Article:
‘Walking While Black’: Michigan Cop Stops Brandon McKean for Walking with Hands in Pockets
A black man walking down a Pontiac, Michigan street with his hands in his pockets on a cold November day was stopped and questioned by a police officer who said he was “making people nervous.”
In the video, the unidentified Oakland County Sheriff’s deputy explains that he is stopping McKean because he was “making people nervous.”
McKean: “By walking by?”
Officer: “Yeah they said you had your hands in your pockets.”
McKean: “Wow. Walking by, having your hands in your pockets makes people nervous and call the police when it’s snowing outside?”
Officer: “It is. What are you up to today?”
McKean: “Walking with my hands in my pockets. Walking.”
Officer: “Is it an inconvenience talking to me right now?”
McKean: “Hell yes. Just because of the whole police situation going on across the country. This is outrageous that you would let somebody tell you ‘Oh, there’s somebody walking down the street with their hands in their pockets.’ There’s ten thousand people in Pontiac right now with their hands in their pockets, so how many…”
Officer: “That’s right, but we do have a lot of robberies, so I’m just checking on you. You’re fine, you’re good.”
McKean: “That’s fine. I’m just making sure I get this on camera… for my safety and yours. I’m being very respectable, you’re being very respectable…”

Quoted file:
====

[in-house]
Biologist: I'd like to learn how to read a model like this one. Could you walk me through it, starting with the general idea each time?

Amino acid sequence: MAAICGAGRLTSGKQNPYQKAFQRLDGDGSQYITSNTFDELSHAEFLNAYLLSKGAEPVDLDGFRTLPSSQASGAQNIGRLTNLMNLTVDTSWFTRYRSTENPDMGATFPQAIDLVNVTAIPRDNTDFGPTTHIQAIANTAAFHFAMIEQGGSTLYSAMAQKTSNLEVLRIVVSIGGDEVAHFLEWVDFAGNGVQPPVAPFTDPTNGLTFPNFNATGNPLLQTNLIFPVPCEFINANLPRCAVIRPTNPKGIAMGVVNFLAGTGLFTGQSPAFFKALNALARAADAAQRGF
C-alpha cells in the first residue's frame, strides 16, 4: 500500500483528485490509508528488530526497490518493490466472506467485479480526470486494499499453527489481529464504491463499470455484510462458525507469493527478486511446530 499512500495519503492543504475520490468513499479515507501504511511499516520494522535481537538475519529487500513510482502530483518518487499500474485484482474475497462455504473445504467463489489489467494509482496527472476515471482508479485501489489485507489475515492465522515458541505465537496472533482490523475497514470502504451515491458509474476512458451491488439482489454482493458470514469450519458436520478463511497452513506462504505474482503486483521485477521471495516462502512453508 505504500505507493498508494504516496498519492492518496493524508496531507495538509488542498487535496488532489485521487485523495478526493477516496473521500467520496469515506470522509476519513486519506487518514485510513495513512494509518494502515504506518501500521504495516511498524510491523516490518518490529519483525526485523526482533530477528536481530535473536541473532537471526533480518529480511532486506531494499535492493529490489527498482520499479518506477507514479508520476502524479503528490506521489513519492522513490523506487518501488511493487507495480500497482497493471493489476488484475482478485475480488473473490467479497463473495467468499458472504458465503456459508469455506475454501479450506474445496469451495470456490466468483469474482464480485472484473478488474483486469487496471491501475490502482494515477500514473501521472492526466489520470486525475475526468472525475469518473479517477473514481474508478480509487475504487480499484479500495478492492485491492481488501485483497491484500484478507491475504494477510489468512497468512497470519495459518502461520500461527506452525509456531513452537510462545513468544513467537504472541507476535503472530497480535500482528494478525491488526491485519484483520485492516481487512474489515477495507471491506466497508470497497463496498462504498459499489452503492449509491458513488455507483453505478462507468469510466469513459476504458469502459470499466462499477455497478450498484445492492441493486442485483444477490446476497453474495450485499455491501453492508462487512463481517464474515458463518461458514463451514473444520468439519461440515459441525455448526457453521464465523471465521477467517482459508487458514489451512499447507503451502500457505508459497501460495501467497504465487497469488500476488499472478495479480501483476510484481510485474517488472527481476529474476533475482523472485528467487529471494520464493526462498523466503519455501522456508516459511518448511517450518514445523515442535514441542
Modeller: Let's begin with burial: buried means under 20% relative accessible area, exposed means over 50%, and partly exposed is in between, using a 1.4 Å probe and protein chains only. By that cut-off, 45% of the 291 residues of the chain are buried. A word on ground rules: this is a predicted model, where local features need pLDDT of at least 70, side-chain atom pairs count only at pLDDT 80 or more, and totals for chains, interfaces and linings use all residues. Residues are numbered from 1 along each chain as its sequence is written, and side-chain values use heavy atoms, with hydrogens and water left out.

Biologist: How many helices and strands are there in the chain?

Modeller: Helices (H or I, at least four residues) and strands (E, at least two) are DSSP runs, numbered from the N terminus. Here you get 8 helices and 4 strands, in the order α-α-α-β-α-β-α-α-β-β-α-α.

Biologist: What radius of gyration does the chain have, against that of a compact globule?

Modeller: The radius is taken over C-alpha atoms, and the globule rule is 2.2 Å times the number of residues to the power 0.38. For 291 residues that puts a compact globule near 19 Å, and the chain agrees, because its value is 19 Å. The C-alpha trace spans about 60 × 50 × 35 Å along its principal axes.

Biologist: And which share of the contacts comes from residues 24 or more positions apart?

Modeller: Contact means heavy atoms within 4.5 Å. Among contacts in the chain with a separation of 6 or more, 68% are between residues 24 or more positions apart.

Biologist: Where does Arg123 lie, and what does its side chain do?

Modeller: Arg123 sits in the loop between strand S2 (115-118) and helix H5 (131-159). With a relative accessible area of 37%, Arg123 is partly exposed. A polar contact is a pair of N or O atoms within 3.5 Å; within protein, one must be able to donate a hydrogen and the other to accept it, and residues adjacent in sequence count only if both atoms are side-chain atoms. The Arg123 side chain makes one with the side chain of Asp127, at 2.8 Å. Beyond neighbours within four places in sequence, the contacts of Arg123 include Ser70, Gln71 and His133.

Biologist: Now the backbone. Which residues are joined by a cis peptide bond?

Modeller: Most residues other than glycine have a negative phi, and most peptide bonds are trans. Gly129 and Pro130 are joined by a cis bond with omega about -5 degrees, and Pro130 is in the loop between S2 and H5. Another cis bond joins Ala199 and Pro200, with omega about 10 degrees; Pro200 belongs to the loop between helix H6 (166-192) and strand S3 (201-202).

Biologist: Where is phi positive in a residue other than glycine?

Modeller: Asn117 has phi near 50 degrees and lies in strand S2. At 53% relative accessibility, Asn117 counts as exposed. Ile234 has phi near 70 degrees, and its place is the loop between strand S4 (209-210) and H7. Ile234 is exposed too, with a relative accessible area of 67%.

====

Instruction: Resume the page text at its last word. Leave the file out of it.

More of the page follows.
The two men then high-five before McKean adds that he is “really mad at the situation, whoever called. That’s crazy.”
The phenomenon known among many black Americans as “walking while black” has claimed many victims throughout the years and continues to make headlines today. Gone are the days when a black man could face arrest — or worse — for failing to step out the way of approaching whites on a sidewalk. But blacks continue to be detained and arrested for nothing more than “fitting the description.”
No one is immune — Hollywood producer Charles Belk was recentlyarrested while on his way to a pre-Emmy party because Beverly Hills police believed he “fit the description” of an armed robbery suspect.
McKean and Belk are among the “lucky ones.” As the tragic case of Trayvon Martin recently demonstrated, “walking while black” can literally be deadly.
“Walking while black — merely being black — still seems to be a crime in this country,” wrote Southern Poverty Law Center (SPLC) President Richard Cohen in the wake of the Trayvon Martin incident.
“Trayvon represents the hundreds of thousands of African-American men and boys… who are viewed by our criminal and juvenile justice system as sub-human and disposable,” added Cohen.